I bought these on kindle ages ago when I was in my intense – read two YA books a day phase. The whole trilogy was on kindle deal so I bought all three, just knowing that some booktubers had recommended in those “if you like x then you’ll like y” videos. I can’t remember what I was supposed to have read to like these… oh well. The book is called The Daughter of Smoke and Bone which is kinda mysterious. The cover that I have (on my kindle so you never get to see it, alas) is of a rather ornate door that looks like it’s in an old town somewhere. The other version of the cover features a blue feathered mask on a woman’s face. Both covers are lovely, but I prefer random-unknown door.
Seventeen year old Karou lives in Prague, attending an art school and running errands for her chimera family. For the most part, she keeps her two lives relatively balanced, making art and hanging out with her friend, and collecting teeth for Brimstone. Raised half in our world, and half in “Elsewhere”, she’s never understood Brimstone’s dark world, nor felt as if she fits into either of her two lives, keeping secrets close to her chest and not really knowing who she is, or how she even came to be in Brimstone’s care. But then the doors to “Elsewhere” snap shut in a burst of flames, and an angel, angry and merciless, has been following Karou. How long until the secrets of her life catch up? Karou has to choose, between the war torn world of Elsewhere with her Chimera family, and her human life that is safe. One may hold the answer to every question she’d ever asked, starting with “who am I?”
Karou is simultaneously a sulky rebellious teen and a really grown up one, but she is governed quite a bit by her own anger and impulses. She wants to fly? Ok, she’s going to wish it. I love the idea of wasting a wish on having permanently blue hair. I’ll be honest, that is definitely what fifteen year old me would have done in the wake of my crush on Nymphadora Tonks. Anyway, back to Karou. Her relationship with the Chimera (monsters made from animals and humans) are cute and very familial. Brimstone is kinda the stern father figure and Issa the cool aunt that sneaks you an eye roll when the grown ups aren’t looking. I can’t remember much of her relationship with the other two. But it was all very family orientated. I loved Karou’s friend, she is bolshy and theatrical and loyal through all the rubbish Karou throws at her in a very short period of time.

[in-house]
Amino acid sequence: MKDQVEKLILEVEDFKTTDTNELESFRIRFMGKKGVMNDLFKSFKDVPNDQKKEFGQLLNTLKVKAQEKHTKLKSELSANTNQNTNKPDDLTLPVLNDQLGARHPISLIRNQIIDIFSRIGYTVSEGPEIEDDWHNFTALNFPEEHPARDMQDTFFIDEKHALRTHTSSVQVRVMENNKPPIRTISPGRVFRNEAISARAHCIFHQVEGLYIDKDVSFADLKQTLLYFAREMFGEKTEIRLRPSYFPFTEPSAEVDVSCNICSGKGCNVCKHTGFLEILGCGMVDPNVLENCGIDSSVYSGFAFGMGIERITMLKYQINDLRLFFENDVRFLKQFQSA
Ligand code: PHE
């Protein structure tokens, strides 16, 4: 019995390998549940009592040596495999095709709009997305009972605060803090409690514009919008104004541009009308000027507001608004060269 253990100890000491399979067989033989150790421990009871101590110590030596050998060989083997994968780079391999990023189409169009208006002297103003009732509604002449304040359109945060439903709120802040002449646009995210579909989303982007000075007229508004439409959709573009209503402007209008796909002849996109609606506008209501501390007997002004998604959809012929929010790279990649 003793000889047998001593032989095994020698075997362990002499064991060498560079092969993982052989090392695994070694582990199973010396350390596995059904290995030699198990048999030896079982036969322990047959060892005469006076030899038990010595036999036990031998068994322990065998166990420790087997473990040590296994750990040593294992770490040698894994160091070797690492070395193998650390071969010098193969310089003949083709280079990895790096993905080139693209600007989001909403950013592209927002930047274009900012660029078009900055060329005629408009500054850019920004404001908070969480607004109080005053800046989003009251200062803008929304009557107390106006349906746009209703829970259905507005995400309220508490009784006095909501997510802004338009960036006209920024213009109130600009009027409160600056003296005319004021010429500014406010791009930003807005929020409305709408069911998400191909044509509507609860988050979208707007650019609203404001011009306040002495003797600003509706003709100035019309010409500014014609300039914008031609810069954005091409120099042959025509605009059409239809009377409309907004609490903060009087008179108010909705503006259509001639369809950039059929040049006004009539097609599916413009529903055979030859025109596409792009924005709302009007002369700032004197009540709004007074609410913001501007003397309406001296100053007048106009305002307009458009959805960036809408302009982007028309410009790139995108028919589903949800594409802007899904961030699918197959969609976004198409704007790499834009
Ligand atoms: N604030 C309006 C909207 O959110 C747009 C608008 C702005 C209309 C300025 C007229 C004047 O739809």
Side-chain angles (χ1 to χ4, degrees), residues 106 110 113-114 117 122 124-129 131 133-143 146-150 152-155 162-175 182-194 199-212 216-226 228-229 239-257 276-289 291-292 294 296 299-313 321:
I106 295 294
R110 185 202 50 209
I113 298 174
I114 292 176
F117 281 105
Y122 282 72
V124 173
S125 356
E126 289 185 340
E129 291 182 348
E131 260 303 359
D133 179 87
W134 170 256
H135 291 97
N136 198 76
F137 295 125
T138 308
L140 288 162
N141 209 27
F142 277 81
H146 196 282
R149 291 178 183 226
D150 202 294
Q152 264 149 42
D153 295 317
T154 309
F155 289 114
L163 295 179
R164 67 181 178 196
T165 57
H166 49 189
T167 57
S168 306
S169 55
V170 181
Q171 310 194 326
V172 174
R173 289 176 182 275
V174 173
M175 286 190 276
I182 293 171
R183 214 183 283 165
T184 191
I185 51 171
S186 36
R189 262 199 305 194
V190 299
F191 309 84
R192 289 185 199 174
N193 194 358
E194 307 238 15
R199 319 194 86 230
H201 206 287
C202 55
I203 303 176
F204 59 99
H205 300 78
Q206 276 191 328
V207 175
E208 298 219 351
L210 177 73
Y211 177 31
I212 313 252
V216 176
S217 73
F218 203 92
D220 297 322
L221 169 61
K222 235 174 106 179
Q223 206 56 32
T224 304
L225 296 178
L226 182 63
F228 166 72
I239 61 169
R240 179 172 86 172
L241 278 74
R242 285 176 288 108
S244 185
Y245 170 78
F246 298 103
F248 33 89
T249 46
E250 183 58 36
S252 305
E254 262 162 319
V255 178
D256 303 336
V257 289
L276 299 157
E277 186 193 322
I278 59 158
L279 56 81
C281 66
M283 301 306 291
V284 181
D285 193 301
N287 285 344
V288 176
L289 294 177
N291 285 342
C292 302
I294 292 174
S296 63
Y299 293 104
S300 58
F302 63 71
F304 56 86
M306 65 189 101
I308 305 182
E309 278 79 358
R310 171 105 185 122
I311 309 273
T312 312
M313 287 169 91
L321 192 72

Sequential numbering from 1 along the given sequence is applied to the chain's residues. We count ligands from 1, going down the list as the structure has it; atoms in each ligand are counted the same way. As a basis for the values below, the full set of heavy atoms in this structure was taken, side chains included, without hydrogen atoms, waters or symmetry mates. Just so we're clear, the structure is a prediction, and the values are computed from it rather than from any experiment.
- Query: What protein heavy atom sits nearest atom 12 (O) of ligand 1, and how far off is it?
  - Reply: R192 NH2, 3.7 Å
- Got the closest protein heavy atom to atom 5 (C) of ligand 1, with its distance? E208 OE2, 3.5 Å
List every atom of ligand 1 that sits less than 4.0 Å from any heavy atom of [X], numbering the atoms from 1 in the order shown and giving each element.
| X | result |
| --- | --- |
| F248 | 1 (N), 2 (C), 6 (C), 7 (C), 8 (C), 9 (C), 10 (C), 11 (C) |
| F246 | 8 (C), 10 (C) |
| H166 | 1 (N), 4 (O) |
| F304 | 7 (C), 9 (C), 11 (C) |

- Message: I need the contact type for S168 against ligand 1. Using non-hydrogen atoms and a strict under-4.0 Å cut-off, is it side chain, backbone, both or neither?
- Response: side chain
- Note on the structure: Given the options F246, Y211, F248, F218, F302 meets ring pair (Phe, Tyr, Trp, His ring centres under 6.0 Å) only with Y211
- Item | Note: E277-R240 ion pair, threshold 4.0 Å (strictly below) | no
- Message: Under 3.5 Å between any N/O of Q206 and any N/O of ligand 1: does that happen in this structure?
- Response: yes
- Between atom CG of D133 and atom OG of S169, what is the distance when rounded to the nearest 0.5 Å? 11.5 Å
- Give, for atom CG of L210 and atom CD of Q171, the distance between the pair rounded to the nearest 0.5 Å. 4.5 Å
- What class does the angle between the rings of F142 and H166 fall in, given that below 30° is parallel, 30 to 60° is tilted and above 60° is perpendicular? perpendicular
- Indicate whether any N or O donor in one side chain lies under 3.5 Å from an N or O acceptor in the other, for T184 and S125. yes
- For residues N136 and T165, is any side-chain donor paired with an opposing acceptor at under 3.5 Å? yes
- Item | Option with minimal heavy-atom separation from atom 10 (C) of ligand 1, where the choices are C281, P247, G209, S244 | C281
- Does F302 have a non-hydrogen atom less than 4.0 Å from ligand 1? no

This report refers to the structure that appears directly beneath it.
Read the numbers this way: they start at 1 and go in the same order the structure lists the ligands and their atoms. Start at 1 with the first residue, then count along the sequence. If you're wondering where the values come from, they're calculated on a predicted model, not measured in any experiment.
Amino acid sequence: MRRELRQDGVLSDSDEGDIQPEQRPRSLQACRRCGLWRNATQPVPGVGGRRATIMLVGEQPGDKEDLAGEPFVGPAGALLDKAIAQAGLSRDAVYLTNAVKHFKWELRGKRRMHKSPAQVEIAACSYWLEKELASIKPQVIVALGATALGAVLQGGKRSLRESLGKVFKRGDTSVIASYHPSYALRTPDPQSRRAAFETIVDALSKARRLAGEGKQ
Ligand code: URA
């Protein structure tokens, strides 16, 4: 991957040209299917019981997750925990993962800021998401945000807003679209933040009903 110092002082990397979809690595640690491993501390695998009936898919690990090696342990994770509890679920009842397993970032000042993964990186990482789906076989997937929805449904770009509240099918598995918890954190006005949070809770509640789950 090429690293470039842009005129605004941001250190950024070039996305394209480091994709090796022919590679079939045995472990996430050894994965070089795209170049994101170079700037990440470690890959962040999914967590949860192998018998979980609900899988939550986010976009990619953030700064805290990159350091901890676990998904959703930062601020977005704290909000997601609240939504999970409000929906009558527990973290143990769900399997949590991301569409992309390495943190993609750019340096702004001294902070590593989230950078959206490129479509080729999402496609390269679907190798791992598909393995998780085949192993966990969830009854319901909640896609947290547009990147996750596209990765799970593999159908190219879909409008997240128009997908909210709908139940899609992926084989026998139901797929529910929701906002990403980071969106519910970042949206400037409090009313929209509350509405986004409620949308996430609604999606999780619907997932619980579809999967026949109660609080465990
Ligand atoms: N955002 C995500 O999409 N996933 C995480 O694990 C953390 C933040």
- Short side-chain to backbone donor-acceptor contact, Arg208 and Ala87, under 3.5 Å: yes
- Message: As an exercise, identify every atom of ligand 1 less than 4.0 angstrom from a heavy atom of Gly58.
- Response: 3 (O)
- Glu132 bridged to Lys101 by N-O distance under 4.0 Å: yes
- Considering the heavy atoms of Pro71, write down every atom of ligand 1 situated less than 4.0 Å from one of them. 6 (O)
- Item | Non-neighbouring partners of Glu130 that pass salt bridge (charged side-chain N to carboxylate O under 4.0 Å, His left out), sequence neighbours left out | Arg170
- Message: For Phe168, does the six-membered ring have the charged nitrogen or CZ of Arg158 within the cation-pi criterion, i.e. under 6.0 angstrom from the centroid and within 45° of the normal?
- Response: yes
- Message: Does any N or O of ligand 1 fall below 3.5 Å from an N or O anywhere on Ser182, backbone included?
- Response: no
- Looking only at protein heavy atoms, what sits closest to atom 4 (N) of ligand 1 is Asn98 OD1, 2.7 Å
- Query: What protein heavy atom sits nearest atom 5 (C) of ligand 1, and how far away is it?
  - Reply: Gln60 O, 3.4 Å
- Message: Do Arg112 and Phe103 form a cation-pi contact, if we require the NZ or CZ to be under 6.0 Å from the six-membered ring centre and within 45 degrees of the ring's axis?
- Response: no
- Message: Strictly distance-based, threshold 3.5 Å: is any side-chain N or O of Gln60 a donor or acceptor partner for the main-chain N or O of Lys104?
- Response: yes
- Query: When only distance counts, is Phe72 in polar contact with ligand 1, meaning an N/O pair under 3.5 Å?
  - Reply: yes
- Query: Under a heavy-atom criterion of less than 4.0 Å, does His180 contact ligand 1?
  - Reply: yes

I called the plot twist a mile off, but it was well executed, and answered some of the questions that had cropped up over the first half of the book. When she meets the Angel, angry and bitter after decades at war, he is so angry and yet he is drawn back to Karou and Karou on Earth. In my opinion it is fairly obvious what the connection is, and that feeling only becomes stronger as they spend more time together. I have to admit I think this is the only weird-ass version of devil falls in love with an angel/Romeo and Juliet “both alike in dignity” tale that I will accept without mocking it mercilessly.
The imagery was very rich. The main character is an artist and that does shine through. There is quite a lot of emphasis on physical beauty vs perceived ugliness and how it’s all relative in the eye of the beholder. So I did enjoy that aspect. No gays, it was all very heteronormative. That’s all I will say on the matter. So you got your devils and your angels and your humans and you Here’s and your Elsewhere’s and your teeth and drawing and Prague described beautifully.
But can we PLEASE just appreciate the absolute awesomeness that is this quote?
‘I don’t know many rules to live by,’ he’d said. ‘But here’s one. It’s simple. Don’t put anything unnecessary into yourself. No poisons or chemicals, no fumes or smoke or alcohol, no sharp objects, no inessential needles – drug or tattoo – and . . . no inessential penises, either.’
‘Inessential penises?’ Karou had repeated, delighted with the phrase in spite of her grief. ‘Is there any such thing as an essential one?’
INESSENTIAL PENISES is now a phrase I will have to work into a conversation at some point. I am clearly an adolescent. I just like how it can describe not dating asshole men, but also, just not dating men. I can appreciate the sentiment.
The Daughter of Smoke and Bone series has been massively hyped in YA literature, and it’s good, but I wouldn’t say it’s changed my world, or the best thing I’ve read ect. I’m mildly curious about what happens next, and because I have the whole series I will continue with them, but I thought it was good, on the upper end but ain’t touching my Shades of Magic series. But then, remember, things generally lose points for me if they’re overly focussed on romance, and this is quite romance heavy. Summary is good story, a good take on an old story and pretty well executed but lots of romancey schmancy.